When you hate yourself – and you hurt yourself –there’s very little reason to stop. At least for me. So before I could entertain the idea of being kind to myself, I needed to find a little self-love in my heart.
Here’s how I did it. (I think it would be brilliant if you shared your own experience in the comments below.)
I was seeing a therapist and he would listen to me go on and on and on for hours about who knows what. He was the kind of therapist that just looked at you without saying a word until you couldn’t take it anymore and before you know it, every thought is pouring out of your mouth.
At the end of one appointment, he asked me to do something. Something he never did. “Go home and find a picture of yourself as a little kid.”
He asked me to look at the picture. Really look at it, and think about what I’d want for that little girl. How would I want her to feel? To be treated?
That little girl, with white-blonde hair and big blue eyes, had the whole world open to her. She was cuddled up with a big ‘blankie’ – she looked so content, and oh-so-sleepy.
Of course I wanted her to grow up to be happy. Of course I wanted people to be nice to her. Of course I wanted her to love herself. She was sweet and sensitive. I wanted her to feel loved.
But here I was, punishing her. Making her hurt. Causing her pain – mental and physical – day after day. I felt like I was allowing that little girl to be tortured. That I gave the demons permission to haunt her.
Her world was cruel and she wouldn’t accept love. Because of me.
Yes, I was sick. And my eating disorder wasn’t a choice. But I was taking actions that were causing that grown-up little girl a great deal of pain.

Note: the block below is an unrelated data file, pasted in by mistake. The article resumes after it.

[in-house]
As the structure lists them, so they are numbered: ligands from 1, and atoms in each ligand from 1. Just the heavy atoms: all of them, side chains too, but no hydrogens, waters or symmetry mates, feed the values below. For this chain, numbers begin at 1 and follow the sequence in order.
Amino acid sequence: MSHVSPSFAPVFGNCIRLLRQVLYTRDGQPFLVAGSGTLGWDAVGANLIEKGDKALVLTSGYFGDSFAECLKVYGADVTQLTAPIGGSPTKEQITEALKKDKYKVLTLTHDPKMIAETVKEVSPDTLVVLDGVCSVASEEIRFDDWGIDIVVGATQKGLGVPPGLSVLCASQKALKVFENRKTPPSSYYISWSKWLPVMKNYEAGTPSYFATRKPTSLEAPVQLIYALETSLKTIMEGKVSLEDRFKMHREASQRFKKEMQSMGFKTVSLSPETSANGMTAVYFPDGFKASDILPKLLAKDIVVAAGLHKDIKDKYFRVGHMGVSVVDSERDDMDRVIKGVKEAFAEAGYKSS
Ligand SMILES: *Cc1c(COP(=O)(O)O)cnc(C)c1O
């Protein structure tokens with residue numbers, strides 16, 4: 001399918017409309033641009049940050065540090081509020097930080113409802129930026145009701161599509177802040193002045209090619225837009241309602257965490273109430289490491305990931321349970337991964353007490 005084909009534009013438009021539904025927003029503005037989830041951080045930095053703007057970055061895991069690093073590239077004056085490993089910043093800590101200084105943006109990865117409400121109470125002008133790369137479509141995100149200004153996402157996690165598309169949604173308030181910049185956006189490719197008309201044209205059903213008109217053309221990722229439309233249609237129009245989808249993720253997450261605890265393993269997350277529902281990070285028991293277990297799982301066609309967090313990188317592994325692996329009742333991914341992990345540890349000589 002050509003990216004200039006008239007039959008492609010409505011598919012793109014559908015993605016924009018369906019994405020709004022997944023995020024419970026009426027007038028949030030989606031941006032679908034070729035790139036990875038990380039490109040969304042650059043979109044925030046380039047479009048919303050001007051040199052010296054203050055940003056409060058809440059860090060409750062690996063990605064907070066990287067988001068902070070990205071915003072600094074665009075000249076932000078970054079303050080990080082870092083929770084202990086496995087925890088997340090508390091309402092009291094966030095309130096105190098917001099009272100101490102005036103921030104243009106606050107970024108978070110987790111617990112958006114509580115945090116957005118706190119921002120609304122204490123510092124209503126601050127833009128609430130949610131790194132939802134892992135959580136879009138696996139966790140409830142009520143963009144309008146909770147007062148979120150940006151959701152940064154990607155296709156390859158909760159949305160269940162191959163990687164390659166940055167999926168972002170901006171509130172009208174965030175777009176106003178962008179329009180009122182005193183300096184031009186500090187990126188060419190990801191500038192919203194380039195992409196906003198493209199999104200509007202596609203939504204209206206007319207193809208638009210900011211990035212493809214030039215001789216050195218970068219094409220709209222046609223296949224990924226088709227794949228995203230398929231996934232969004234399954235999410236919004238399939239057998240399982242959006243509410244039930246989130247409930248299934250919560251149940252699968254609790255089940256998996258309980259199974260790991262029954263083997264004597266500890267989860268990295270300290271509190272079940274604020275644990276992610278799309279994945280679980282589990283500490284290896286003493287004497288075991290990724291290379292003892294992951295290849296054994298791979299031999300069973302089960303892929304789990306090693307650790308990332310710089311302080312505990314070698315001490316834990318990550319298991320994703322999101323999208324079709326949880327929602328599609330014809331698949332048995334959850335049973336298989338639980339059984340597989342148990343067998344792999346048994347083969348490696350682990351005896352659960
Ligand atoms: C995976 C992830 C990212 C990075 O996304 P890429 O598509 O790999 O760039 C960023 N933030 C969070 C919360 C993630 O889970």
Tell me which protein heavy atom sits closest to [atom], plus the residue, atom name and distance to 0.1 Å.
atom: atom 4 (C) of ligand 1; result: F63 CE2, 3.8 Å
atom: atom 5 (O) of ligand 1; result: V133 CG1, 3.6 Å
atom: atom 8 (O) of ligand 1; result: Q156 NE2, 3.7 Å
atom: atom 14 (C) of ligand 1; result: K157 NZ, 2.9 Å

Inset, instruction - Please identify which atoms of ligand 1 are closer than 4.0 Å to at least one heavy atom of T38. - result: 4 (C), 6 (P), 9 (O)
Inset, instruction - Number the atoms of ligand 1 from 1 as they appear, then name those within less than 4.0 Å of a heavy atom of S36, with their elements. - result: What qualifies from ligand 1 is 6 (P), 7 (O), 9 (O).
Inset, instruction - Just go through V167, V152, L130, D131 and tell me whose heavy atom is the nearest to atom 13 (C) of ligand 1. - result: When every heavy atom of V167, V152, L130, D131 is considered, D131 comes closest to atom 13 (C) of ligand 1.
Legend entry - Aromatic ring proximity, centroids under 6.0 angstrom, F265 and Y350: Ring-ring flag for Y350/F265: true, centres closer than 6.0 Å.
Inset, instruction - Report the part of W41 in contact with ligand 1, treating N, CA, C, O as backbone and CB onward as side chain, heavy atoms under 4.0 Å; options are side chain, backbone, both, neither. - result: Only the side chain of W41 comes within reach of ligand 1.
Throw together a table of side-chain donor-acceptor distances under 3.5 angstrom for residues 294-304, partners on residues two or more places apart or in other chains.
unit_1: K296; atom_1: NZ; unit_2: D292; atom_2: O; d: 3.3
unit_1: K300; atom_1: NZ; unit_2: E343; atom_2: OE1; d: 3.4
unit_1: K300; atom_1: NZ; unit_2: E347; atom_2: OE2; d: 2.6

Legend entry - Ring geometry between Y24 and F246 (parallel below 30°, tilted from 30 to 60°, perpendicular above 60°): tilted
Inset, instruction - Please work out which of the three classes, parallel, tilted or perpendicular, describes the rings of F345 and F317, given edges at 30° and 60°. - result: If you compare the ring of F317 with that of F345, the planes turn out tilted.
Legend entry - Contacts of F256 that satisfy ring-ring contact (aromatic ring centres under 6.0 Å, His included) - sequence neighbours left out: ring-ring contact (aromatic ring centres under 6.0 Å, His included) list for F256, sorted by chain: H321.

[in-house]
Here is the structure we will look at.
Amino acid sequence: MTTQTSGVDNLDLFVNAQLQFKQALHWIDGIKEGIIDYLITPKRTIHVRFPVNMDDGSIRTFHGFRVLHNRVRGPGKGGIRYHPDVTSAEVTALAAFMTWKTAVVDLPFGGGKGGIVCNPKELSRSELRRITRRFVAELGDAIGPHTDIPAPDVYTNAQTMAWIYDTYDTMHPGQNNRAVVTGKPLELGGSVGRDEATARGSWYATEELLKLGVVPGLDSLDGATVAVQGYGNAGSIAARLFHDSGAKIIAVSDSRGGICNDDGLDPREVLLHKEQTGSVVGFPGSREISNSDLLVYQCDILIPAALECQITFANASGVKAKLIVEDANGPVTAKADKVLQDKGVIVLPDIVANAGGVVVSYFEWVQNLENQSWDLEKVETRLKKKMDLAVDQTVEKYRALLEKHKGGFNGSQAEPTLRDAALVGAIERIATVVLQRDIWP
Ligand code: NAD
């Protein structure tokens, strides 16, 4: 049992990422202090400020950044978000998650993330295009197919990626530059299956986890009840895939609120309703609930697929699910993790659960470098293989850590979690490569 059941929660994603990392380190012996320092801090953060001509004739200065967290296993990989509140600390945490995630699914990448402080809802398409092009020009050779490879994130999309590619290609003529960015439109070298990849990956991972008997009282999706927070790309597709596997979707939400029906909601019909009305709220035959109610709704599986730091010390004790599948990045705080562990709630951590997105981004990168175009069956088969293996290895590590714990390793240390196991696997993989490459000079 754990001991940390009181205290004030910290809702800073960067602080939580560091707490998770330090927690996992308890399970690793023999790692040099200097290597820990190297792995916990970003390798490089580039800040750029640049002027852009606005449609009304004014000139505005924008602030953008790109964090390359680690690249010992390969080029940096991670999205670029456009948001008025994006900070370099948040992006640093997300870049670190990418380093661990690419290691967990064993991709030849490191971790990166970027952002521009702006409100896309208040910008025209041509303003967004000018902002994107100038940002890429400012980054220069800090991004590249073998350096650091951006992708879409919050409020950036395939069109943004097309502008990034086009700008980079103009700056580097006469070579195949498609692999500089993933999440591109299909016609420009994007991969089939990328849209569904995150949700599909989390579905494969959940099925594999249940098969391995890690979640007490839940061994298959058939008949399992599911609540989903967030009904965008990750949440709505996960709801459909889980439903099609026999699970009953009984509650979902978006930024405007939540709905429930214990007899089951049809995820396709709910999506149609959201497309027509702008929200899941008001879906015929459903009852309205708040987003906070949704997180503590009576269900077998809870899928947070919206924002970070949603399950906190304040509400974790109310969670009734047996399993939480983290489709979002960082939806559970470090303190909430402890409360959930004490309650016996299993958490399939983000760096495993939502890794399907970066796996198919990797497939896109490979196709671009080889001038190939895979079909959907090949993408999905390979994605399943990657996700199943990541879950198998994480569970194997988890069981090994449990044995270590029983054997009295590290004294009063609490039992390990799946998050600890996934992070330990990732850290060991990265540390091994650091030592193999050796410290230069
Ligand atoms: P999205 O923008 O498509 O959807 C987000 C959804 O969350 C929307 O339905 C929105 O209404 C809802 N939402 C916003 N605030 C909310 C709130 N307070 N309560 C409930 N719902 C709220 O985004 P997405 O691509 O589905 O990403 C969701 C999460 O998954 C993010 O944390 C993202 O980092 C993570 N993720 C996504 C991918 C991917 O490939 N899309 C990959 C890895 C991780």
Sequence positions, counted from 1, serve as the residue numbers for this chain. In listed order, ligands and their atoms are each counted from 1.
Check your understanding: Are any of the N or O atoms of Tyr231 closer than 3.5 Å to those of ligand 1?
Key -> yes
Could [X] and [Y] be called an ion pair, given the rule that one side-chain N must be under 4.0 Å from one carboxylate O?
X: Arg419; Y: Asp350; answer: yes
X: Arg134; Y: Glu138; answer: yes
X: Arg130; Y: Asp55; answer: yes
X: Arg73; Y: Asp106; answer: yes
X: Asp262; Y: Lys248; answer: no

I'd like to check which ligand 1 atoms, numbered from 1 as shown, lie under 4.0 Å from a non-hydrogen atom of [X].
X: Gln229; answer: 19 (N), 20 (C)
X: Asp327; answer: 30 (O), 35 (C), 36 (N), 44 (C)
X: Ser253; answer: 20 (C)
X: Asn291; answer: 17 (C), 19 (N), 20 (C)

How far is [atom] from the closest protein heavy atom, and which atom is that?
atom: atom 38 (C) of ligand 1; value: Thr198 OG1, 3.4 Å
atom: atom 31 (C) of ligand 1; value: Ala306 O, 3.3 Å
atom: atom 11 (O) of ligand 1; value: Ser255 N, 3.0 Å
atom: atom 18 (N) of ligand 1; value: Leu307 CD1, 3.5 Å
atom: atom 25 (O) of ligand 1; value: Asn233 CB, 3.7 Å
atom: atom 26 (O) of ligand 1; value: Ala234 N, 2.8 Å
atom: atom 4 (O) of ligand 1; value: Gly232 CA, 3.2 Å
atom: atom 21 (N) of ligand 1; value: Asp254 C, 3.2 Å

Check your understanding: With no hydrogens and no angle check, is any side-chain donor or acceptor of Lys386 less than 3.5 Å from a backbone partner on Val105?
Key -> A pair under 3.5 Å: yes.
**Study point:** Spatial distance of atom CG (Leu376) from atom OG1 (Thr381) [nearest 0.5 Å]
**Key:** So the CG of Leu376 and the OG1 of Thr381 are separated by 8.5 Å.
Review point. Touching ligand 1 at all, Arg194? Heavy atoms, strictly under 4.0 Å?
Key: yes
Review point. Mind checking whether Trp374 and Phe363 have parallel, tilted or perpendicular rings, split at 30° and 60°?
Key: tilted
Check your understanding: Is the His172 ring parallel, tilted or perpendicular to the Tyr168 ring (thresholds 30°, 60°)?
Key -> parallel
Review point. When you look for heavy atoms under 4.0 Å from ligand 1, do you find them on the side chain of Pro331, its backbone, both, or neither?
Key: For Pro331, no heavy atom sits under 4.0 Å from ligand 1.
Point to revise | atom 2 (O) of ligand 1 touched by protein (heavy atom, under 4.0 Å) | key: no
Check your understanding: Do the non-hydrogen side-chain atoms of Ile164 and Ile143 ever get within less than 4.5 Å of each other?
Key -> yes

Maybe I could help her. Find a way to ease her pain. I knew I had to try. Something. Anything. To make her pain go away.
That was one of the single most defining moments in my therapy early on. I believe that looking into the eyes of little-kid me helped me find self-love in my heart. And paved the way for recovery.
Thank you so much for reading! I do hope you’ll join me for my next post in 2 weeks. I’d love to let you know what a huge difference a small act of understanding can make for someone who’s struggling with a mental illness.
About Cynthia Alana
Cynthia has battled bulimia (and won), faced depression, and lived with anxiety throughout it all. After realizing she wanted to be a force of good in the world, she tried recovery for 6 months. It’s been years. Travel is her passion, and so is her job: writing for charities. You can follow Cynthia’s story on HMC’s Supportive Minds Blog, and additionally, you can connect with Cynthia on LinkedIn.